Though they are best known for their elegant scarves, Hermes produces a variety of luxury goods. The French company started out as a harness workshop in 1837. Over time, it gradually expanded to offer everything from high-quality home furnishings to designer clothing. In modern times, the Hermes Paris Logo is attached to many high-quality goods made from natural materials.
As the company grew, they realized that they would need to create a unified brand design to appeal to modern customers. Read this article to discover how Hermes developed a logo that was able to encompass their many different products.
Hermes Paris Logo Design Elements
Hermes Paris has been using the same Hermes logo since the early 1950s. This logo is a rather detailed logo that contains several design elements. At the top of the logo you can see an image of a light carriage pulled by a horse, and a man wearing a tophat and tails stands to the right, looking up at the horse. The carriage, horse, and man are all standing on a double line. The brand name, “Hermes” is below the double line in large, capitalized, serif letters. Below “Hermes,” the logo says “Paris” in smaller, lower case, sans serif letters below. Interstingly, the logo avoids being excessively busy by sticking to just two colors. The image and words are a deep orange shade that matches the iconic Hermes delivery boxes. In addition, the text and picture from the logo stands out on a white background.
Changes and Evolution
Originally, Hermes had no logo because it was a small shop serving European nobility. In 1919, two of the grandsons of the original shop owner opened a retail store. They advertised their products with a logo that said “Hermes Freres Selliery” in a curling script. The company did not rebrand its logo until another Hermes descendant succeeded the Hermes brothers in 1951. The new Hermes leader started producing more non-leather items and using the now iconic Hermes horse and carriage logo.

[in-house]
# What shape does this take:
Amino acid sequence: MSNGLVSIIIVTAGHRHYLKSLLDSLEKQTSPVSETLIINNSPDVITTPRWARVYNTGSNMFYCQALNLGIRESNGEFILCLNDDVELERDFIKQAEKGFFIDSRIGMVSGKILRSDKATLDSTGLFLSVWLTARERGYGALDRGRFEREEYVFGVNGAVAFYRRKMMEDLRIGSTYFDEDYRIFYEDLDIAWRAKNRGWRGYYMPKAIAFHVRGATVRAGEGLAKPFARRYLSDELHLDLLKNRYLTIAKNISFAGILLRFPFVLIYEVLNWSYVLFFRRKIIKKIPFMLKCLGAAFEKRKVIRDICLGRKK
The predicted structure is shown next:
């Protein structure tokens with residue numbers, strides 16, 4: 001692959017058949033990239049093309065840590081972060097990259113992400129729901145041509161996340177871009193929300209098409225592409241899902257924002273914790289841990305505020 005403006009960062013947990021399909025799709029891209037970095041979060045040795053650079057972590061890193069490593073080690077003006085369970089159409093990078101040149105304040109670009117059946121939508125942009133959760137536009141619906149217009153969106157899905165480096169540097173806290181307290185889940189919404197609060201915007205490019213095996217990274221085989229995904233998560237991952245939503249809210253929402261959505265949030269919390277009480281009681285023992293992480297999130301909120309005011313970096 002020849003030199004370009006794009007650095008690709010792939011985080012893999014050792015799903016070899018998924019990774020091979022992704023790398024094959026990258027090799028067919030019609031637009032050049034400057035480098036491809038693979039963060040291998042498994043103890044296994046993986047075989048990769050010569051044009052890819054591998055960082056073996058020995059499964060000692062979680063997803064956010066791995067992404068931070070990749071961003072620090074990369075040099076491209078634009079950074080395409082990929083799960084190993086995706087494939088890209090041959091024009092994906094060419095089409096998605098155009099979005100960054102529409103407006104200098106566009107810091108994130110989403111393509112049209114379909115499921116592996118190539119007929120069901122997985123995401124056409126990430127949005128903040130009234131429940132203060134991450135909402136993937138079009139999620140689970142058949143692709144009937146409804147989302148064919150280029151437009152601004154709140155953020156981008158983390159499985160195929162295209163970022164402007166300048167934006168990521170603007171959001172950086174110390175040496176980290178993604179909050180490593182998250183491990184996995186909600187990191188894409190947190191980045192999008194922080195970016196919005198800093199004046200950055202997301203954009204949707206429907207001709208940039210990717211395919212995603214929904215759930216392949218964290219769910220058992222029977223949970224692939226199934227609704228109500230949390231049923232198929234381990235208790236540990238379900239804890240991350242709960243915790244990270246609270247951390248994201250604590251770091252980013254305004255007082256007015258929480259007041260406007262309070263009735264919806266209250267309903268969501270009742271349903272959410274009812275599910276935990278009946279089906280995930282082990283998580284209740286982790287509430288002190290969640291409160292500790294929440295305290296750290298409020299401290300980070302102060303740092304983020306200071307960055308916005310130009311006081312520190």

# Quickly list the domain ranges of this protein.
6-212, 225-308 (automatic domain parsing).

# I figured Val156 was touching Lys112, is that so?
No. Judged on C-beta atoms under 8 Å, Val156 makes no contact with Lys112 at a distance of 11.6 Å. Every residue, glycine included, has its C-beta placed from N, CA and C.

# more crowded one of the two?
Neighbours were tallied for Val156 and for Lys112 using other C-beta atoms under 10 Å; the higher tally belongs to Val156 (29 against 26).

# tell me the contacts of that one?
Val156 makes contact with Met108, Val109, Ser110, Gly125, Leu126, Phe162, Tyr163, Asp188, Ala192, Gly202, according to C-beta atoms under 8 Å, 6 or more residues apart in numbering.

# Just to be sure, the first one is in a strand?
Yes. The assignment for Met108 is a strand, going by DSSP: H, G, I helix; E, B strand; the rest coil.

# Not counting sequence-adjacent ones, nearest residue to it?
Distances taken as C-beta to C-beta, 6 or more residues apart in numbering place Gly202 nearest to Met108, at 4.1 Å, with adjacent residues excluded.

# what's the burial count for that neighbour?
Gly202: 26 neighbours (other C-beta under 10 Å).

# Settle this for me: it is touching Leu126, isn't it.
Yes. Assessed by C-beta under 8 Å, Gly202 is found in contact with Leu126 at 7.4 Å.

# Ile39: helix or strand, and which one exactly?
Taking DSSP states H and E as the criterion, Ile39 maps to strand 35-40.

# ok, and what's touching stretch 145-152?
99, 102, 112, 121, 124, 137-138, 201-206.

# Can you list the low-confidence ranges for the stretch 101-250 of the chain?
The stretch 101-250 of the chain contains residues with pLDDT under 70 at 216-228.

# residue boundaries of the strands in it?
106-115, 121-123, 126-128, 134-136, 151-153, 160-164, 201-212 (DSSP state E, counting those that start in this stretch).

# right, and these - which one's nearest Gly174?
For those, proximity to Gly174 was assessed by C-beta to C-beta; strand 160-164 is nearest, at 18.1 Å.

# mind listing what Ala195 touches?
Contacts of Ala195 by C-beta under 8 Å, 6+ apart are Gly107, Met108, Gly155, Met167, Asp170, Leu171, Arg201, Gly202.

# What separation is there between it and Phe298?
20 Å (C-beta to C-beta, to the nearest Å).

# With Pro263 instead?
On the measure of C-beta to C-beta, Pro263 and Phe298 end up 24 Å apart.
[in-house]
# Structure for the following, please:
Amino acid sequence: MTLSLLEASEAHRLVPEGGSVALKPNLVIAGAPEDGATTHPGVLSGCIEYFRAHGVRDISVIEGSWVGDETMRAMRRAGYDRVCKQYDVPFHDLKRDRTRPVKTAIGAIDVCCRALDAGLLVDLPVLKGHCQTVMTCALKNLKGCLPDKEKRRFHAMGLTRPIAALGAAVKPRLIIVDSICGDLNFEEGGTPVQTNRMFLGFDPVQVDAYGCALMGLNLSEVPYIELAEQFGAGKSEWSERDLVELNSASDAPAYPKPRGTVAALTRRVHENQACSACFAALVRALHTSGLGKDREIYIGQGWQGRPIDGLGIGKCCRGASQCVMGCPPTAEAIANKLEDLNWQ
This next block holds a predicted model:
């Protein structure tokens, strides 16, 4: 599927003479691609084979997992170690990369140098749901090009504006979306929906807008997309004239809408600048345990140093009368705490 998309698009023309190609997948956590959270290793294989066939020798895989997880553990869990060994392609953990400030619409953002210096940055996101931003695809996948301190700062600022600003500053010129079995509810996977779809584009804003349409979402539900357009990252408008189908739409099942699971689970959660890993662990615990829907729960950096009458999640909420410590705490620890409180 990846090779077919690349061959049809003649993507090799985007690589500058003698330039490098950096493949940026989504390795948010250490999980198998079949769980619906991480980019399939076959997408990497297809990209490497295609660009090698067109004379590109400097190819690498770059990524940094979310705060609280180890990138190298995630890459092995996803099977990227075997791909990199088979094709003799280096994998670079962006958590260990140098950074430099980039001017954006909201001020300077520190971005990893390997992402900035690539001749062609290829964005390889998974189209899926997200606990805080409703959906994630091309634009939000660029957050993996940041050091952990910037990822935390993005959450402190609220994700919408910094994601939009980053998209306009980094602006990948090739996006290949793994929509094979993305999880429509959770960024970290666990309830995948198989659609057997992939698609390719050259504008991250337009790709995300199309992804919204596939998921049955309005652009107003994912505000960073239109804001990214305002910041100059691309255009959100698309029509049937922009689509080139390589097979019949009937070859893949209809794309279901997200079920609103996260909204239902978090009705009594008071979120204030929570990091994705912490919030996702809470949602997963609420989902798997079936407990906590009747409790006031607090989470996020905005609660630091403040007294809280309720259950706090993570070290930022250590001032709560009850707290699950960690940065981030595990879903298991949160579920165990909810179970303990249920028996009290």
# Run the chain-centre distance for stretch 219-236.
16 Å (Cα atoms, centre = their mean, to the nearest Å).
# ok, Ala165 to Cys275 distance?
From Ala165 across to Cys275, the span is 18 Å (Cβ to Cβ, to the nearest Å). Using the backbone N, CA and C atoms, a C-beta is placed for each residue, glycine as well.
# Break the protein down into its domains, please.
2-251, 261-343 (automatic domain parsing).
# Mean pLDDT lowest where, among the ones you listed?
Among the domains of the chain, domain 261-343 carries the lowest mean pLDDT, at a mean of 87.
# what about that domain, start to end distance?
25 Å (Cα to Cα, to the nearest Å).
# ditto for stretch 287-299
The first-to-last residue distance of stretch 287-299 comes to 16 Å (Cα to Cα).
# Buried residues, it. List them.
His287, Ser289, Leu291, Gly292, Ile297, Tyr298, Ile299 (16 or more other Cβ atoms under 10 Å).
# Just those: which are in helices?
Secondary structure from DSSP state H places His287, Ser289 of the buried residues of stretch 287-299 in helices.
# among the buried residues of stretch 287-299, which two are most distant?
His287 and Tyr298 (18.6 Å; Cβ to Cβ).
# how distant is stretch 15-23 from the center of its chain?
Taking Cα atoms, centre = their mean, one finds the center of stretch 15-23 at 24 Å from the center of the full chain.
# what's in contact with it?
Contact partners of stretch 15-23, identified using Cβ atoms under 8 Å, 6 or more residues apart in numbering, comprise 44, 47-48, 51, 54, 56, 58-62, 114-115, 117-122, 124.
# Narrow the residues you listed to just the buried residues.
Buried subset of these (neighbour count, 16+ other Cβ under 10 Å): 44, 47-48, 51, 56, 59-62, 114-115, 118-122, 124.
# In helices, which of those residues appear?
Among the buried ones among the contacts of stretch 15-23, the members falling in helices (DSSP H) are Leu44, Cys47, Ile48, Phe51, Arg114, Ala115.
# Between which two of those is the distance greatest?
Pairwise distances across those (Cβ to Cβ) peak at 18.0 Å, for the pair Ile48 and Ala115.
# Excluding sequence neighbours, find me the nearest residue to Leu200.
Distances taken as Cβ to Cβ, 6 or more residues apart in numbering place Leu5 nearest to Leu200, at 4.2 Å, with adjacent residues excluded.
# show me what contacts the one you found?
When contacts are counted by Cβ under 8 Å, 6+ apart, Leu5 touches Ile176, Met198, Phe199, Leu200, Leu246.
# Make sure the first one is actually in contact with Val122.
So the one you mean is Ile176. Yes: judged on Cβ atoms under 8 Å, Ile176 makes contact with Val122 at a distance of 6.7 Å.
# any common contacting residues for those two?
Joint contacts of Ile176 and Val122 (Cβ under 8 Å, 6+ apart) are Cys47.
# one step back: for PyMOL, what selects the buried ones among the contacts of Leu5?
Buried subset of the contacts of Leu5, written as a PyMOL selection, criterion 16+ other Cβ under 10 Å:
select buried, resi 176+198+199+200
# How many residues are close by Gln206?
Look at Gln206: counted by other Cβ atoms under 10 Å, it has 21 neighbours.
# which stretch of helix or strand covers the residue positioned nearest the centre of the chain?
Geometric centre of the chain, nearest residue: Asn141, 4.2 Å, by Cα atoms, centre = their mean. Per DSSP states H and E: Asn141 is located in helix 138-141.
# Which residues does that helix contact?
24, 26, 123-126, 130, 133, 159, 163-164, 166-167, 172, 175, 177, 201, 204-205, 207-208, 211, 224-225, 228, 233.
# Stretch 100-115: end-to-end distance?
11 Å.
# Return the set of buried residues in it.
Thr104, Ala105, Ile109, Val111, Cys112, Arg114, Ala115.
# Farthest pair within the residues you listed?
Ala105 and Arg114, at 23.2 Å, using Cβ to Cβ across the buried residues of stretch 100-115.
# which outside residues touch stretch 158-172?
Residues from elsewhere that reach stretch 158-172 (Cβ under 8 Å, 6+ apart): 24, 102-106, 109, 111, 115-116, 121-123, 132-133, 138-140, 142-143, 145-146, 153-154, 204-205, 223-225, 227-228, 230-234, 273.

Most of the Hermes Paris logo history just contains simple, black text. The decision to change to a bright orange logo was rather revolutionary. However, it definitely helped with brand awareness. Color psychology theory finds that most people see orange as a cheerful, warm, and cozy color. This logo color helps to make sellers feel happy and confident with their purchases.
For several years, Hermes logos used antique handwriting scripts. The Hermes logo update in 1951 switched to a more modern typeface. It is a slightly altered version of a Memphis font created by Rudolf Wolf in 1929.
The Hermes logo takes its inspiration directly from a painting by Alfred de Dreux that was titled “Le Duc Attele, Groom a L’Attente”. In English, that title means “Hitched Carriage, Waiting Groom”. It was chosen because the image references Hermes’ origins as a harness maker in the 1800s. Moreover, the image also contains a combination of a horse and a finely clothed groom, so it alludes to Hermes’ expansion to creating fine clothing and leather accessories in addition to equestrian gear.
The orange color associated with the Hermes Paris logo history is a happy accident. During World War II, the company’s paperboard supplier ran out of their usual cream and gold shades, so Hermes had to use bright orange cardboard to create all of their delivery boxes. This quickly became Hermes signature color because the orange was so bright, cheerful, and noticeable. Moreover, you can often identify Hermes fakes by looking at the logo. Only the second “E” in the Hermes Paris logo design is accented, but many counterfeiters make the mistake of accenting the word in the wrong place.
Hermes has managed to survive far longer than other luxury good brands because of its devotion to quality production and natural materials. Though the Hermes Paris logo is not as old as the company itself, it creates a sense of tradition and elegance that promotes the company’s chosen reputation. The logo manages to allude to the variety of products offered by Hermes while creating a united brand image.